This was something rather different to that though, as Rodgers played Alec Callender (and he seemed to have picked up a Scottish accent from somewhere), a widowed middle-aged solicitor who began to feel that his job wasn’t too exciting, and he wondered where his life was going. He then meets Zoe, a PE teacher who is going through a divorce, and she is many years younger than him.

There is then the beginning of a rather unlikely romance. Alec becomes rather fond of Zoe, but not so much that he realised that she turned into a different woman after the second series. Alec also eventually meets Zoe’s parents, and he gets on rather well with them too. Some of the other regular characters are Alec’s son Jamie, along with his work colleagues Mrs Flood and Hilary (replaced by Rosie in the final series).

Viewers were keen to see how this rather cosy couple would develop, and after a while, Alec and Zoe got married, and he becomes a father again, after she gives birth to a daughter. If he wanted his life to be more interesting, it now is. There were 39 episodes of May To December in six series (including one Christmas special), but only the first two have been released on DVD. An indication of the popularity was when this was given a Radio Times cover.

Another notable thing is that the creator and the writer of the majority of episodes was Paul Mendelson, who would soon have another BBC1 sitcom on the go, after the launch of So Haunt Me, which ran for a few series, but wasn’t as successful. And eight episodes were written by Geoff Deane, the former frontman of pop group Modern Romance, as I have explained in a few other pieces. After the end on TV, there was one further series on BBC Radio 2 in 1998.

In more recent years, May To December has been one of the several sitcoms that have been repeated on the London Live channel. And although it was good seeing these characters again, this still doesn’t seem the right place to be showing old sitcoms. And this was in a 45-minute slot, meaning there were 15 minutes of advert breaks, which is rather ridiculous. There’s only so many times they can show that advert for Wowcher. I’m about to get immensely annoyed and I think I like it.

More TV Memories – Comic Relief.

Comic Relief (BBC1/BBC2, 1986-present)

It wasn’t really until the mid-80s when singles were realised to support charities that would become chart-toppers and sell in ludicrous amounts, along with endless telethons too. After the groundbreaking success of Live Aid, it was realised that these were ways to raise amounts of money like never before. So the decision was made to host a special show where the biggest comic talent around could perform.

The first edition of Comic Relief was actually a pre-recorded stage show at the Shaftesbury Theatre in London, and some of the highlights were then shown on TV. This all seemed to go down rather well, and when the first Comic Relief single topped the chart for a long time itself not long after, it was realised that this idea could have a big future.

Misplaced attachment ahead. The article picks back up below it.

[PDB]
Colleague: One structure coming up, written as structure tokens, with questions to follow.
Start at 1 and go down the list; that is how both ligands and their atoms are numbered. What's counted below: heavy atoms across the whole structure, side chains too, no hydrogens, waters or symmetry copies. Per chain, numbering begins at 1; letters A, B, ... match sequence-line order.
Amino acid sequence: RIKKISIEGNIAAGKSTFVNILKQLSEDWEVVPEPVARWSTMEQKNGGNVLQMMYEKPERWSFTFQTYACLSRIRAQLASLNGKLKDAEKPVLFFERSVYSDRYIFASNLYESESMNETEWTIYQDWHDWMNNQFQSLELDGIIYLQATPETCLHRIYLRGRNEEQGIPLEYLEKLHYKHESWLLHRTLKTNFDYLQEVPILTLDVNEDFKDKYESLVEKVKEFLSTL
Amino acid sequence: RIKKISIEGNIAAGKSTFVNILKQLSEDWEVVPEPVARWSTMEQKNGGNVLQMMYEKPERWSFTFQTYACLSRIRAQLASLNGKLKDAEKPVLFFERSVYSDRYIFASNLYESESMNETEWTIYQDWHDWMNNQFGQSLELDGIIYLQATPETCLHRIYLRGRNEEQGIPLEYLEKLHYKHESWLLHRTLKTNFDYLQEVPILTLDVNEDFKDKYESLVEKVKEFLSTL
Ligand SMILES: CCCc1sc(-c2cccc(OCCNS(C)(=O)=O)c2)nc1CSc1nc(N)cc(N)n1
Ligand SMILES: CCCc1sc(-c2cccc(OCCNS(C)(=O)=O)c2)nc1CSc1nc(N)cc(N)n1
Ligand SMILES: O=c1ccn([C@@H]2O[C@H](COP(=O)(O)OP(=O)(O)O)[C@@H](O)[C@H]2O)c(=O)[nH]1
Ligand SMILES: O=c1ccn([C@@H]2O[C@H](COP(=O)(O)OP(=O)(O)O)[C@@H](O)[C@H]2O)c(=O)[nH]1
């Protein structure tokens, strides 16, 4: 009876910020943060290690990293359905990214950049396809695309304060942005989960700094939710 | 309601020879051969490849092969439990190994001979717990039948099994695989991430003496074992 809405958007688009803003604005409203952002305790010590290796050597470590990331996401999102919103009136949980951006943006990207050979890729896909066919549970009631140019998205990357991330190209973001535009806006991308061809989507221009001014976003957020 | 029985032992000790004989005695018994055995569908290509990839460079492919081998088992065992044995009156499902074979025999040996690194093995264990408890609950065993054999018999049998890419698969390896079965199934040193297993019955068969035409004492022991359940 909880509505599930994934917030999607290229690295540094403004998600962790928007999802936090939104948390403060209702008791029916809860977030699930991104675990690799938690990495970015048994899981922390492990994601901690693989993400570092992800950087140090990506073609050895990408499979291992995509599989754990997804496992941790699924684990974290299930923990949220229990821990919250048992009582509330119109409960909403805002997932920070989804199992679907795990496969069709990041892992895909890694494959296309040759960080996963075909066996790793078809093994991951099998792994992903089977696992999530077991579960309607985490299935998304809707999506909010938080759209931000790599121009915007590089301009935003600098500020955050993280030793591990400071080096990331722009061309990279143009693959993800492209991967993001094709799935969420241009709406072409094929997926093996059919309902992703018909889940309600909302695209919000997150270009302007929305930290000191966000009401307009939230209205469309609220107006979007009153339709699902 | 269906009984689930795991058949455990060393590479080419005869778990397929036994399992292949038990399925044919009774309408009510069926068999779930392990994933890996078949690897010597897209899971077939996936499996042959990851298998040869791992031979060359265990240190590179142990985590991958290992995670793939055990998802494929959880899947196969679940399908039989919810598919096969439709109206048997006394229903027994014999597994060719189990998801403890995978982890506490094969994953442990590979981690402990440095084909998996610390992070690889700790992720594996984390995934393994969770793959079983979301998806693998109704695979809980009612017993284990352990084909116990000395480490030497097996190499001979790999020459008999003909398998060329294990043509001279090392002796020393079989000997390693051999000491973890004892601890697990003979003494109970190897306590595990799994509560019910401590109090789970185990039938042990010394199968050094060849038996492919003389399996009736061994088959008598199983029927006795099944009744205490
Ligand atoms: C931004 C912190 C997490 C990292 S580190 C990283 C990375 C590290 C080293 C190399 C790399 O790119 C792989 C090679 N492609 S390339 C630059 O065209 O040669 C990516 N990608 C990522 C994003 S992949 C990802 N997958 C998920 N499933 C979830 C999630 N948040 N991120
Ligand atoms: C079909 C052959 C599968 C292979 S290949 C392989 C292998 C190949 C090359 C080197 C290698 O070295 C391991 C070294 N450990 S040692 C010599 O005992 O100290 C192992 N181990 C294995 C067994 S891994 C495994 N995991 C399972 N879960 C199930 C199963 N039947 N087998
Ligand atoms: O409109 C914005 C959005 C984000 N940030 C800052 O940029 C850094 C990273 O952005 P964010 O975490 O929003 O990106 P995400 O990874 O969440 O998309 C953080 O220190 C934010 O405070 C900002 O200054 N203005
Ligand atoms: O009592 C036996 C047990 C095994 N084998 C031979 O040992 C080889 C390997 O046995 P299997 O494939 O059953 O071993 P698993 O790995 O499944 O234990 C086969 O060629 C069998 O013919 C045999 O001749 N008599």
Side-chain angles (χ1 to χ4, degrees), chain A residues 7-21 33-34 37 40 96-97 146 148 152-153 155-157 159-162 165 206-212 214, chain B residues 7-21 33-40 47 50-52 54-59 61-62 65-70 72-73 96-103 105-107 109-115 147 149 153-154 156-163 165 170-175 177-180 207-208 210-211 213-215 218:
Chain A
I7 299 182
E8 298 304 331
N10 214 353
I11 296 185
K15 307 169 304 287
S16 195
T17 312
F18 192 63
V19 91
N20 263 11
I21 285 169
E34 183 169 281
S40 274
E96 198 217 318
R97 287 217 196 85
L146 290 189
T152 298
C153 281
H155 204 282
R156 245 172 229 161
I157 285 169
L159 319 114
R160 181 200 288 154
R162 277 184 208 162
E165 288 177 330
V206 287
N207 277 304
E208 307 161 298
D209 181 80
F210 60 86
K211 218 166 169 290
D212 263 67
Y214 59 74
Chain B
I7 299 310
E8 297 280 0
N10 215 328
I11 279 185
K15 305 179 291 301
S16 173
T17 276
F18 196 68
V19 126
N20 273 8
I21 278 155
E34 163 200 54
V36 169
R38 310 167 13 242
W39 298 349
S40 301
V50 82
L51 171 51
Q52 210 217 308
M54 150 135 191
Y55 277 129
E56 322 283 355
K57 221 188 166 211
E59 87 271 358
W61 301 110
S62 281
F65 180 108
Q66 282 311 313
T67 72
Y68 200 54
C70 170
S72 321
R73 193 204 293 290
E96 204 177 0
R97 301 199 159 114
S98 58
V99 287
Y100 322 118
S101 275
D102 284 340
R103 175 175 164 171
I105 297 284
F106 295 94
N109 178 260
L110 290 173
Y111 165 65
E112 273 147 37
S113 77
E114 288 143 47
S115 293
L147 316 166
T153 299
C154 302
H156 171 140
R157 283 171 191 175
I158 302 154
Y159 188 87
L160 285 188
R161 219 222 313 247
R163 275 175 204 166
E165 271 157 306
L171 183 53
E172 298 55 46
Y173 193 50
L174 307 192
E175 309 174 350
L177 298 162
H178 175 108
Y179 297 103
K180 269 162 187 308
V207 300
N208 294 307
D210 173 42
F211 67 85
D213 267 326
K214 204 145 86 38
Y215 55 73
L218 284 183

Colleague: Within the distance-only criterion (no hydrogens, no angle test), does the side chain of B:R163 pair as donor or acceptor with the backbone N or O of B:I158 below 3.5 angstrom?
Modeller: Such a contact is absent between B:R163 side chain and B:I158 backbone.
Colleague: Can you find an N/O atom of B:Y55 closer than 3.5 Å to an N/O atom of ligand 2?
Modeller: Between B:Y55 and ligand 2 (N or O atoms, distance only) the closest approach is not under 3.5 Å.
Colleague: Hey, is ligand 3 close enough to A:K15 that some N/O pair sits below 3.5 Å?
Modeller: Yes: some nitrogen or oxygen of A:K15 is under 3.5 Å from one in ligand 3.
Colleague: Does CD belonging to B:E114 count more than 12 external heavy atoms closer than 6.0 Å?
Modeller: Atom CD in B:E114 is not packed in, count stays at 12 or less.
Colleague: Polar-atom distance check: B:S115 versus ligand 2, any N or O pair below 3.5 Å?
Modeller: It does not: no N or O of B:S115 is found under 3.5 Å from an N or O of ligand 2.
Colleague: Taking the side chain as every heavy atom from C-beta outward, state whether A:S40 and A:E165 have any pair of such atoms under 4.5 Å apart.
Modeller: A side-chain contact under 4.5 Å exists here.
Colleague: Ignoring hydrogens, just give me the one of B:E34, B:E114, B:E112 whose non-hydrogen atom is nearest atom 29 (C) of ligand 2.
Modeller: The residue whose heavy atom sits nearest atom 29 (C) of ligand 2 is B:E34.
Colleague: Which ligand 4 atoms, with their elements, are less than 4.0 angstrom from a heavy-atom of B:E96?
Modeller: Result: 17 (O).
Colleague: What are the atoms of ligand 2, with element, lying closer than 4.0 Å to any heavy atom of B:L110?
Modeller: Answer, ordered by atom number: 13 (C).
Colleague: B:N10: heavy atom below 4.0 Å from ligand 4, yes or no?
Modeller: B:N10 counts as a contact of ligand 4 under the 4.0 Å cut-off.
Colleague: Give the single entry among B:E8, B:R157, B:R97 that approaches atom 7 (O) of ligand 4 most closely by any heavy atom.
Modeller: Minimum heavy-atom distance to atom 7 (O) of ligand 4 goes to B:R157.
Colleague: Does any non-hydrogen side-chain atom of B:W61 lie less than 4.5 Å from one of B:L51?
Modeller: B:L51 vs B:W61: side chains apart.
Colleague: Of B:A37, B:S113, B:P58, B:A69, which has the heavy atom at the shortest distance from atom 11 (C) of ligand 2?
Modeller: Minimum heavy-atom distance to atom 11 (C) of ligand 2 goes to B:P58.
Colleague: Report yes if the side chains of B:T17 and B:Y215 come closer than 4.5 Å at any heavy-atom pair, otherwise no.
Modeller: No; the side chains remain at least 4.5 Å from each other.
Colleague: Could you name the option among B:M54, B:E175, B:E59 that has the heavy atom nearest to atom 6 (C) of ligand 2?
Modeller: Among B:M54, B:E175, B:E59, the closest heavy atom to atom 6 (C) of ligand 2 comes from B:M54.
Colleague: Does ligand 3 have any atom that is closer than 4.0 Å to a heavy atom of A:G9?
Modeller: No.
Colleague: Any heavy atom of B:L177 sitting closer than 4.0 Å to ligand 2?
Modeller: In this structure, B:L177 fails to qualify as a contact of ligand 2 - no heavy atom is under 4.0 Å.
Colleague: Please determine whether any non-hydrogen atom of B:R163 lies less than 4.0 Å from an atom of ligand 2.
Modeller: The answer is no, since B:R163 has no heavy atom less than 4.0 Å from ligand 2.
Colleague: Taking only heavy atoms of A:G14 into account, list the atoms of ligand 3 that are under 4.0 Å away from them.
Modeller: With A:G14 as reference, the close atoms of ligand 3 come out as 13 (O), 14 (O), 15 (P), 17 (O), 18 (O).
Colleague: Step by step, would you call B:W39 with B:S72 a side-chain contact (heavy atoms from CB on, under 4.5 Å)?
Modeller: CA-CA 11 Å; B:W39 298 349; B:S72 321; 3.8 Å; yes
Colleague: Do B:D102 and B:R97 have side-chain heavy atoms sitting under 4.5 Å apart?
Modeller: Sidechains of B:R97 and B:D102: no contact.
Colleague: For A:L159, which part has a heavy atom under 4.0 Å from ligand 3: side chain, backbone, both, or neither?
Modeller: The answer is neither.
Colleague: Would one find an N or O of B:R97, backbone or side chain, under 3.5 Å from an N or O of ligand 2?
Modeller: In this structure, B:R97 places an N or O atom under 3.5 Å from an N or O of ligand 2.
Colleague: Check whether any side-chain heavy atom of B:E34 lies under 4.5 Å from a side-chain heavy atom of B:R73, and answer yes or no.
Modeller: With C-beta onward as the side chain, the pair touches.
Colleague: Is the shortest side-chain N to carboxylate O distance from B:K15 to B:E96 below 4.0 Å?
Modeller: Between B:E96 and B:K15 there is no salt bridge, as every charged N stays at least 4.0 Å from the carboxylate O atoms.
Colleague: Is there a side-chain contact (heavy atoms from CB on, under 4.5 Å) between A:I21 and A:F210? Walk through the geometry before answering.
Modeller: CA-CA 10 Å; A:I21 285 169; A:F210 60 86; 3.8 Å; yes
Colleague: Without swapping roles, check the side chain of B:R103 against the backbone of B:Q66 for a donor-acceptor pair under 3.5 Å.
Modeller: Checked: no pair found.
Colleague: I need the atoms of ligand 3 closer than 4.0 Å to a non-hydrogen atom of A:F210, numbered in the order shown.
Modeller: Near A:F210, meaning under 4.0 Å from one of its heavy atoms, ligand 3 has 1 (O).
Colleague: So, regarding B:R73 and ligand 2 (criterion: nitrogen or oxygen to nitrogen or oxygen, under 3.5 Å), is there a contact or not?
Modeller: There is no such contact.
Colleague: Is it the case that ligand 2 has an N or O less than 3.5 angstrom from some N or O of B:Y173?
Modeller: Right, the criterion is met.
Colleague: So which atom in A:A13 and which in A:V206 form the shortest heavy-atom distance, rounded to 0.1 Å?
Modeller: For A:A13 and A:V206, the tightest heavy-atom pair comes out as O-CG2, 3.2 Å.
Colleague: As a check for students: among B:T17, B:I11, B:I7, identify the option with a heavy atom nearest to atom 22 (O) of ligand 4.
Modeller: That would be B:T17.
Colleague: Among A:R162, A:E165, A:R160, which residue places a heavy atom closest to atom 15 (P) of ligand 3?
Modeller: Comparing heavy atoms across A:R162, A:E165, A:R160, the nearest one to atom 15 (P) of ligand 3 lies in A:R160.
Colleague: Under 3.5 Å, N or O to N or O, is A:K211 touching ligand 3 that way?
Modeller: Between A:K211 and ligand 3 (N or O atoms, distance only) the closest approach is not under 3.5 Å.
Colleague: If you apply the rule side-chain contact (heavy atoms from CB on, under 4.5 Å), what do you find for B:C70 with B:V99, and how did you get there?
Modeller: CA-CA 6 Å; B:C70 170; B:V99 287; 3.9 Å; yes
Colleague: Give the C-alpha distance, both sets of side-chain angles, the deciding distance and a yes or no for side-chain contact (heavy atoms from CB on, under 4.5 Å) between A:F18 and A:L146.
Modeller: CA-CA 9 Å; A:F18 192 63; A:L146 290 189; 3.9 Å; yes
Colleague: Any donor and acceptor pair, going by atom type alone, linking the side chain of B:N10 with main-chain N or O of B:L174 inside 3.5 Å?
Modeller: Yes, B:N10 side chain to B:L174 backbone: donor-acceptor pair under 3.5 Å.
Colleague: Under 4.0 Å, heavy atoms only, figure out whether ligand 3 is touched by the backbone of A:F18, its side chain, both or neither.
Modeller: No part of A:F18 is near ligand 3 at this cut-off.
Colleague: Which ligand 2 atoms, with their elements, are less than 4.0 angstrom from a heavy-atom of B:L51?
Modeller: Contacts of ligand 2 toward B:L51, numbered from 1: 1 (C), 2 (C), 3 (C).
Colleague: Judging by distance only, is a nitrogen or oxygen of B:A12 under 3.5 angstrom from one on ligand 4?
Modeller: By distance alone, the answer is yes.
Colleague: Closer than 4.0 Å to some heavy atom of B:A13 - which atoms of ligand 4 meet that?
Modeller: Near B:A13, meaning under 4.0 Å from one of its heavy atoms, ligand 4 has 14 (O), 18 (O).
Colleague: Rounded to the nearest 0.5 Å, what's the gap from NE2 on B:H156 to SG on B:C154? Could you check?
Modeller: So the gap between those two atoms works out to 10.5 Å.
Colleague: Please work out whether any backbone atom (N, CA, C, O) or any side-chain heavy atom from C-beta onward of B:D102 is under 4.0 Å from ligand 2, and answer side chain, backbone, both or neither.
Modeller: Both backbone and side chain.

Two years later, this was turned into a live telethon show, that took up the majority of the night. And of course, there was the opportunity to buy a red nose, a tradition that has continued ever since, and people across the country were encouraged to do some rather silly things to help raise some money as well. The earliest editions seemed to consist of plenty of fun sketches, featuring some unlikely combinations taking part.

The hosts included the likes of Lenny Henry and Griff Rhys Jones, who rather entertainingly were barely able to hold everything together, and would end up overrunning by about three hours. By the early-90s, this was an event that took place every other year. The variety of red nose designs on offer increased, and the “we don’t know what’ll happen next” air continued to hover over the TV show. There were also further treats like The Great Big Stupid Celebrity Sketch Show (that was the actual title).

There were often special editions of popular sitcoms like Men Behaving Badly and The Vicar Of Dibley too. By the 2000s though, something had changed, and things started to become a little more settled, with several non-comedians hosting, constantly going on about how much we needed to donate right now. The air of unpredictability had gone, and the comedy acts who did perform died rather badly on stage (Mitchell and Webb being one example).

This was rather disappointing, as many felt that there was now little difference between this and Children In Need. Seriously, who cares who the winner of Celebrity Fame Academy is? There have been some innovations in more recent years, including an edition that came live from the O2, where nobody could see or hear anything. Comic Relief is still going and undoubtedly has helped many people around the world, but doesn’t seem to be that much of an event nowadays really.

The Comedy Vault – Goodness Gracious Me.

Goodness Gracious Me (BBC2, 1998-2001, 2014-2015)